Date of Award

Summer 2016

Document Type


Degree Name

Master of Science (MS)



First Advisor

Berzins, David

Second Advisor

Liu, Dawei

Third Advisor

Bradley, Thomas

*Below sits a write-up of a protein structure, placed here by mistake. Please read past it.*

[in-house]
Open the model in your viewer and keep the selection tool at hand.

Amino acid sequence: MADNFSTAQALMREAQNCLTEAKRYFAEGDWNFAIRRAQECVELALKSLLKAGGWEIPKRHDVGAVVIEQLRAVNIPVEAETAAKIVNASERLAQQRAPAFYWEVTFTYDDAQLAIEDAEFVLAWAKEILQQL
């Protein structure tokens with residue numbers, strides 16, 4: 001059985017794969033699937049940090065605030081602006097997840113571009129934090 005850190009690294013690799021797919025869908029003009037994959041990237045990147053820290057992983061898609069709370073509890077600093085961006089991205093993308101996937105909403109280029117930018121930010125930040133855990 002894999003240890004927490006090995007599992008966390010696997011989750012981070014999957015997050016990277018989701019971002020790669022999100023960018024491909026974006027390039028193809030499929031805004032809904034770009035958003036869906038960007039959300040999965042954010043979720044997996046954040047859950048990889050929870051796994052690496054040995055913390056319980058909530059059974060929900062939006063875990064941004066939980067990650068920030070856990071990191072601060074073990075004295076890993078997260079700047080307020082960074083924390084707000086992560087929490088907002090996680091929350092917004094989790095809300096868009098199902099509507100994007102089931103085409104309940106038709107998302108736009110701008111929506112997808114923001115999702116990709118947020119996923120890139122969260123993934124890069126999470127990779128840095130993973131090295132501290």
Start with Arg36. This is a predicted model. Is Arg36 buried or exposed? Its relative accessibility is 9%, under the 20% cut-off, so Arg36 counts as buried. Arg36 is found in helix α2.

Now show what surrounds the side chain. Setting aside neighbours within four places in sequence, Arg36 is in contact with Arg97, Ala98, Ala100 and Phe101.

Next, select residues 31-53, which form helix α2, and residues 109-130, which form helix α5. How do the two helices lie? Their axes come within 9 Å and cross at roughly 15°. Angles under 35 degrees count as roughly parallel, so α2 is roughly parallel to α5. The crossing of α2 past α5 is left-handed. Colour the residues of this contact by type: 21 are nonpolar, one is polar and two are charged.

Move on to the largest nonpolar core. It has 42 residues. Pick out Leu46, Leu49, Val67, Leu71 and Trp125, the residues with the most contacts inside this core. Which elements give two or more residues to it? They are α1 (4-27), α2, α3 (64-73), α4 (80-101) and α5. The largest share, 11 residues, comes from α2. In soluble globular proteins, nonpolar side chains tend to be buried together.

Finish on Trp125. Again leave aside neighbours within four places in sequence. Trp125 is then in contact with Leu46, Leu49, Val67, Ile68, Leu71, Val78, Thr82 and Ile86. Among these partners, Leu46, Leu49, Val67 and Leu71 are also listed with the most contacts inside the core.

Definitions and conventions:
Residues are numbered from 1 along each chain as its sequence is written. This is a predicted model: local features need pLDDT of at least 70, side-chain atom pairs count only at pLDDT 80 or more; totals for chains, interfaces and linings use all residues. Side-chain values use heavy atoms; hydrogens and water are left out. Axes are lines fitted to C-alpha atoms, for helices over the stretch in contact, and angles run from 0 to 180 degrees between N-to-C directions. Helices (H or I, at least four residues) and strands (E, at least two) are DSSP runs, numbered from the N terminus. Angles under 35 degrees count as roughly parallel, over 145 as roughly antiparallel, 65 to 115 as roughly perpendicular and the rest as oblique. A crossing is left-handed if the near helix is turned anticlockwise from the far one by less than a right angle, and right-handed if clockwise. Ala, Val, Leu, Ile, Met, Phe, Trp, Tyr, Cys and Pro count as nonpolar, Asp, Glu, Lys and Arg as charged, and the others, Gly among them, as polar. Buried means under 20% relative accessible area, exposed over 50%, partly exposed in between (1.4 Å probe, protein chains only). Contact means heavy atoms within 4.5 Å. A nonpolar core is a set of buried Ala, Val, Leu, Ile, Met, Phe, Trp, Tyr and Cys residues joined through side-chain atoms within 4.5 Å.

Introduction: The initial phase of orthodontic therapy relies on flexible wires, usually composed of a nickel-titanium alloy, to apply a substantially constant load during tooth movement. Copper has been added to nickel-titanium archwires, resulting in an alloy with potential clinical advantages such as a lower stress hysteresis. Many orthodontic companies claim that their copper-nickel-titanium manufacturing process allows for the production of more consistent transition temperatures in the wires, allowing the orthodontist to customize treatment to various patients based on the force level needed. There are currently many manufacturers of these wires, creating a wide range of copper-nickel-titanium archwires from which orthodontists may choose. The goal of this research study was to test various manufacturers’ copper-nickel-titanium archwires to see if their mechanical properties are comparable to each other. Materials and Methods: Six different companies’ copper-nickel-titanium archwires wires were tested: Ormco, American Orthodontics, Dentsply GAC, Ortho Organizers, Rocky Mountain Orthodontics, and Ortho Technology. Within each of the 6 brands, 0.018” round and 0.016” x 0.022” rectangular wires at both 27˚C and 35˚C transition temperatures were identified. Three-point bending test was utilized to determine the activation and deactivation forces present within segments of the various wires. Forces for the deflection were recorded directly onto the computer software program. Data were compared using one-way analysis of variance at a 0.05 significance level with a Tukey's HSD test post hoc analysis, when required. Results: Statistically significant differences were observed in force levels between brands for all round and rectangular wire/temperature combinations. Overall, within both 27˚C and 35˚C and both round and rectangular wires, Ormco tended to behave the most uniquely when compared to all of the other brands. Conclusions: Wires of the same materials, dimensions, and transition temperature but from different manufacturers do not always have the same mechanical properties. Improvements should be made in the standardization of the manufacturing process of copper-nickel-titanium archwires in order to provide orthodontists with CuNiTi archwires that have consistent mechanical properties.